Nuclear Submarine Deal Embodies Shifting International Relations


The United States announced a new submarine partnership with Australia and the United Kingdom, excluding France. (Courtesy of Twitter)

Last week, the United States announced a new trilateral security partnership with Australia and the United Kingdom known as AUKUS. The first goal of the alliance is to provide the Australian military with a fleet of nuclear submarines to replace the outdated technology they had previously been using. 

The announcement of the alliance should have been a cause for a celebration, but quickly turned into an international scandal. The French, who previously had a submarine deal with the Australians, were not informed of the new partnership until hours before the information was released to the public.

The French, claiming that the Americans had betrayed them, recalled their ambassadors from both the US and Australia and cancelled a state dinner in Washington. 

The French omission from AUKUS suggests a new international order that is being created in the wake of the U.S. withdrawal from Afghanistan.

Following the French backlash, President Biden reached out to French President Emmanuel Macron in order to smooth tensions, resulting in the ambassador being sent back to their position.

Many journalists have accused the French of overreacting, citing the fact that the U.S. deal was simply a better option than the French one, since it provides better caliber technology. While many, including the Biden administration, concede that the French should have been informed at an earlier date in the deal-making process, there’s no reason for this to cause a long-lasting breach in U.S.-French diplomatic relations. 

One of President Biden’s major campaign promises was to place more pressure on the Chinese government, which has increasingly become more hostile toward U.S. interests. One of the reasons the U.S. withdrew from Afghanistan was to be able to focus more resources on competing with China. 

International relations are shaping up to look like a second Cold War, this time with the United States against China. The U.S. is tightening its relations with its closest allies, especially in the Pacific Ocean. 

France is clearly trying to avoid aggravating either country, thus ensuring the best economic prospects for the European Union. In a post-Afghanistan world, that may no longer be possible.

The French were not the only government upset about the new submarine deal; the Chinese publicly complained about the alliance as well, suggesting that it accelerates the nuclear arms race. 

In the Cold War, the French were firmly allied with the United States against the USSR. This time around, France belongs to the EU, an economic alliance with its own unique diplomatic goals that do not always mesh with U.S. interests.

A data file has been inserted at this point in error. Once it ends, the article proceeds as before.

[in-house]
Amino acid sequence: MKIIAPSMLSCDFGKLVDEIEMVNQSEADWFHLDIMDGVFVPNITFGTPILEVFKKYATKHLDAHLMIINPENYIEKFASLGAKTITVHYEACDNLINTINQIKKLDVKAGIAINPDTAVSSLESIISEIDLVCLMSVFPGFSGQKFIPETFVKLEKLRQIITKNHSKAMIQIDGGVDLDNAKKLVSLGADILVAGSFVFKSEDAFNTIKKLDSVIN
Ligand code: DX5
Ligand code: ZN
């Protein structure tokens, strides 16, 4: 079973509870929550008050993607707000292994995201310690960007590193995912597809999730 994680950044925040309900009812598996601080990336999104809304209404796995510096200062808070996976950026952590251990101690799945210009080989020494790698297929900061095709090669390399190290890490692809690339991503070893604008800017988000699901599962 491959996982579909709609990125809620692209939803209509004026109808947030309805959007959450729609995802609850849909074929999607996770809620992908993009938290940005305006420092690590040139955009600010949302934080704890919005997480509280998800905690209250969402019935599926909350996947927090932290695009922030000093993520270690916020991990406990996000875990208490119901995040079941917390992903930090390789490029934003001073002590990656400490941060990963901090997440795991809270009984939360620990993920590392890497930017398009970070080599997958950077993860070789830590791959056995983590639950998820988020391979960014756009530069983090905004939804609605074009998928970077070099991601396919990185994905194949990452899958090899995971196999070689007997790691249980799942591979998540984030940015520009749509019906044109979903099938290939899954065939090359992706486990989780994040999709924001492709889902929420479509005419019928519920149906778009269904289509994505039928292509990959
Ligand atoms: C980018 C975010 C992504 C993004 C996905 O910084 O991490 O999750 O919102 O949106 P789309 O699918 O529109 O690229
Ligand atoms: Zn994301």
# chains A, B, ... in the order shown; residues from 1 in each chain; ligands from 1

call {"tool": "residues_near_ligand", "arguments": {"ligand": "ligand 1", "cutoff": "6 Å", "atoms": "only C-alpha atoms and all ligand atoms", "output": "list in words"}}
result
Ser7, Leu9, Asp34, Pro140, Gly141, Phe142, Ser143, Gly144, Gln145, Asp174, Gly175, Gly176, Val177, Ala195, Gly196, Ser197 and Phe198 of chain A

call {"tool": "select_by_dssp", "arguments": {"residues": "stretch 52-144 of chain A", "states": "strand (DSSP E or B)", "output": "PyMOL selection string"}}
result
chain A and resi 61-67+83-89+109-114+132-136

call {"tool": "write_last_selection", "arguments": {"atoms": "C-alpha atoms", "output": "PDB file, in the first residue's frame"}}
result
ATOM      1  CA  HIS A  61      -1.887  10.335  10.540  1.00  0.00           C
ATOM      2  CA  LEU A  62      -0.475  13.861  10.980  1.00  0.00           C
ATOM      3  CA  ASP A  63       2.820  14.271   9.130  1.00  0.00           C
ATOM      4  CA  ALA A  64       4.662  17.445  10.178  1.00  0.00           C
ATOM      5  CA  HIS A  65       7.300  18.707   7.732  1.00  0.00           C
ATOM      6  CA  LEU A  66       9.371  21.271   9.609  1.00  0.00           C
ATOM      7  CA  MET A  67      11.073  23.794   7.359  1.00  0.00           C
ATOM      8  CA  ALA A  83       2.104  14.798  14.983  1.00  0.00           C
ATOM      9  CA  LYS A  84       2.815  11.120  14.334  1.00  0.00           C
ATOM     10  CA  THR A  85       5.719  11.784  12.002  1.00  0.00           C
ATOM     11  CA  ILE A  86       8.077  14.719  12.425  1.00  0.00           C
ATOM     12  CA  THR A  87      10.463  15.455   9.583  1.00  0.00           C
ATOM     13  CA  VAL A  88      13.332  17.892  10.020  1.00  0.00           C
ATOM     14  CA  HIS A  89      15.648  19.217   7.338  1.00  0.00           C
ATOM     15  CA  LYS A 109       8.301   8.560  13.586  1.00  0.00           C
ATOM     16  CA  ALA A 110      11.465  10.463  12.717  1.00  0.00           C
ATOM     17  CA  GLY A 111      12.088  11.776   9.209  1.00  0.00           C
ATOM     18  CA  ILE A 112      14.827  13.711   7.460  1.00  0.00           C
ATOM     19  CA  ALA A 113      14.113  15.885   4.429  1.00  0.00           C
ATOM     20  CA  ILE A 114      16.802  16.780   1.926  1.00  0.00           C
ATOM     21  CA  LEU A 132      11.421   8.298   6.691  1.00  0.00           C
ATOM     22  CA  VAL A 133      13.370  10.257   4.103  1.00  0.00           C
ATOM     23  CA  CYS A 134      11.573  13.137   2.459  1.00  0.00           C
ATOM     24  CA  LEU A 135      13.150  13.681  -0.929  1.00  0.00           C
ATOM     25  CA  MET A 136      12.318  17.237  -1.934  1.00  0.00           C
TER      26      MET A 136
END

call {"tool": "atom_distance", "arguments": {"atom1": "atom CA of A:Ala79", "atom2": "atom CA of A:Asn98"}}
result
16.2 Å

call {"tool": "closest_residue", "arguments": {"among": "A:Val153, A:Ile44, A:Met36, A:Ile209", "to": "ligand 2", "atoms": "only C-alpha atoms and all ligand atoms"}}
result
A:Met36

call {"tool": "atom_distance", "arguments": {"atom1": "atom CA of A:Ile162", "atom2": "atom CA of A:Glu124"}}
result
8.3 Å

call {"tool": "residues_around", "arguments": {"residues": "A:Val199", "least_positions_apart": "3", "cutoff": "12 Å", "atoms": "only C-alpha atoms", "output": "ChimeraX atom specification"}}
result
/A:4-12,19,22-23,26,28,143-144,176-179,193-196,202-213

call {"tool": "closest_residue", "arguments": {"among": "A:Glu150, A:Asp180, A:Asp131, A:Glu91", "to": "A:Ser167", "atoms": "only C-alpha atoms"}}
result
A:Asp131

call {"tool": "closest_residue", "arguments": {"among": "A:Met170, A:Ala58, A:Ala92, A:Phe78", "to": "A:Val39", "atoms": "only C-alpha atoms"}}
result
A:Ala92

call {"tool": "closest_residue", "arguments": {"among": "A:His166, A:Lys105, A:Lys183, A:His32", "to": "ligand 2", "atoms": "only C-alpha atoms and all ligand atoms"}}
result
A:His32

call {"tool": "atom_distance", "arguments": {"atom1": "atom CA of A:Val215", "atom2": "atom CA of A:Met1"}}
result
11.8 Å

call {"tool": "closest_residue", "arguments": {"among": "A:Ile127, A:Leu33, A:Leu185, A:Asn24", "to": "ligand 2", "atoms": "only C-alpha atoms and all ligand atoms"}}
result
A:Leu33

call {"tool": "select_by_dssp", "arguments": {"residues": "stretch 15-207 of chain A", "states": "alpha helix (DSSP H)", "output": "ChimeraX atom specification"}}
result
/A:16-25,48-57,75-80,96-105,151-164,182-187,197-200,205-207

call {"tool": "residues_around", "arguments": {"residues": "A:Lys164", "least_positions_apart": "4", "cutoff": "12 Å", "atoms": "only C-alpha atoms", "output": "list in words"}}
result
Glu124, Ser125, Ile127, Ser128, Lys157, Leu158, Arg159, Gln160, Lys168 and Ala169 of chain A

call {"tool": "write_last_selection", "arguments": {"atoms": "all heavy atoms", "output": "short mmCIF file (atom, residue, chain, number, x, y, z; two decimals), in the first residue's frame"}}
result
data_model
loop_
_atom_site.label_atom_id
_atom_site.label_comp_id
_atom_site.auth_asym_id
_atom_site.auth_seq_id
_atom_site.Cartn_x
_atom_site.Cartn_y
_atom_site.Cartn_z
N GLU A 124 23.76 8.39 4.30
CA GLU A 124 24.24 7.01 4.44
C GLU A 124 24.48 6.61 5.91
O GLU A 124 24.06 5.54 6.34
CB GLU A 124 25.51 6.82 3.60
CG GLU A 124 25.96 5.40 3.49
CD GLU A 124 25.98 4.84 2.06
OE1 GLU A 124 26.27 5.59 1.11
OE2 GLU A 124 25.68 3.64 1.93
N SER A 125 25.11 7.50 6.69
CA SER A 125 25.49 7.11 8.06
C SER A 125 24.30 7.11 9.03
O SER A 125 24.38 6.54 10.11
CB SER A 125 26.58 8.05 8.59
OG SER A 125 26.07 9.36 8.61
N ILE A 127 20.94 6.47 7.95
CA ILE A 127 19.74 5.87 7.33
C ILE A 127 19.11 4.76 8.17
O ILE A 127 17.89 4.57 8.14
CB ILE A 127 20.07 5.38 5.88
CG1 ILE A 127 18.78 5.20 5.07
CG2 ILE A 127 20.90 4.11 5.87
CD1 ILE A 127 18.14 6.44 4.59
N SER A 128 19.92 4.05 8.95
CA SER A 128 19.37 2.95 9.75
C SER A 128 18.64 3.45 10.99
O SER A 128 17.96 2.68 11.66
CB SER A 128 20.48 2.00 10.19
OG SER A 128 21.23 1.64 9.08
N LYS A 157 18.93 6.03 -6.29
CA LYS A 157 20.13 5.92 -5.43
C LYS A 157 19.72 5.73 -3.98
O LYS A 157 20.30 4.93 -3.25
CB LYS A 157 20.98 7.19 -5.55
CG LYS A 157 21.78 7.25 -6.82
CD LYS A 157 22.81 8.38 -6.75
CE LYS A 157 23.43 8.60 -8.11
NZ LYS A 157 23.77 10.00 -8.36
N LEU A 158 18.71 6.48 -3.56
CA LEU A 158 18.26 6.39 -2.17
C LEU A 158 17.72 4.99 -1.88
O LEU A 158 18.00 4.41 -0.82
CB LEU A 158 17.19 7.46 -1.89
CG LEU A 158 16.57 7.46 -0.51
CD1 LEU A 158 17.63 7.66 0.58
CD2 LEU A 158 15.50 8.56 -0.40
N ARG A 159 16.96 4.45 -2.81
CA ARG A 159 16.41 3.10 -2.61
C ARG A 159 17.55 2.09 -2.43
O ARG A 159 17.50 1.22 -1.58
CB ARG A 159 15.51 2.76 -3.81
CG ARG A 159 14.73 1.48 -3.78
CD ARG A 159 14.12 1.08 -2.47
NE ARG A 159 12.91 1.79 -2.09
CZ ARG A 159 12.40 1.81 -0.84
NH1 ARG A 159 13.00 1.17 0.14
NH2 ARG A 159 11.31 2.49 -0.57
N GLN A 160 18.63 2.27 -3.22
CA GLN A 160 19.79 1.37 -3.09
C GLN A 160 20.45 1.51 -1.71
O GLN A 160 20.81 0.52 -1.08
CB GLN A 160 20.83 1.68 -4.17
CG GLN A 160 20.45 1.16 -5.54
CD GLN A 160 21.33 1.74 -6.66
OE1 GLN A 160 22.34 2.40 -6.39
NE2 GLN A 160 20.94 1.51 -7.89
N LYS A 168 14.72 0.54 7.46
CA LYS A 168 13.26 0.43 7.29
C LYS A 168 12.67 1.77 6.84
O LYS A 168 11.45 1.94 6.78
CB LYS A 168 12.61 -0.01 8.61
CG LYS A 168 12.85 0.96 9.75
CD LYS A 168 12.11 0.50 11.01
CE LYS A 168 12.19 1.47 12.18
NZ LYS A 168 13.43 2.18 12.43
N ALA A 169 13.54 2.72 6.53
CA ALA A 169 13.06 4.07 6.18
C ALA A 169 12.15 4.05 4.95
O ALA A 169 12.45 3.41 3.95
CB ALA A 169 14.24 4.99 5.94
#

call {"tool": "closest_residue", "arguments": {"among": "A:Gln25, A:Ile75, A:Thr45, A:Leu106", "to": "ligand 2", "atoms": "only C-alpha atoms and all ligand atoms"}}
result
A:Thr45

While the U.S. wants to take a harsher stance on China, many EU countries — France included — want to maintain a balance between the two countries, and avoid antagonizing either. After all, many EU member states have economic interests in China. They cannot afford to solely support one side or the other. 

France and Germany declared China a security risk at the last North Atlantic Treaty Organization (NATO) summit, but they also signed an investment deal with the Chinese government. This deal came despite criticism about Chinese government actions against pro-democracy protesters. 

One of the central priorities of the EU is to maintain Europe’s influence as an actor on the world stage. Both the Americans and the Chinese have a tendency to nudge other countries out of the spotlight when it comes to alliances. 

Allying themselves with the Americans against the Chinese would mean the French would once again take a “junior partner” status in the global conflict, something the European Union wants to avoid. 

AUKUS is only the first step. Both the United States and China will continue to invest in new weapons, strengthen their ties to allies and seek to undermine the other on an international scale. These tensions will only continue to rise. France’s attempt to remain somewhat neutral in regard to foreign relations will only become increasingly more difficult.

The United States has allied themselves with the UK and Australia because these countries have remained constant in their support for U.S. policy against the Chinese government. The French, as well as the EU as a whole, have remained tepid in their outright support for either China or the U.S. The time is coming, however, when France will have to pick a side. 

Let’s hope they choose wisely. 

Michael Sluck, FCRH ’24, is a political science and computer science major from Verona, N.J.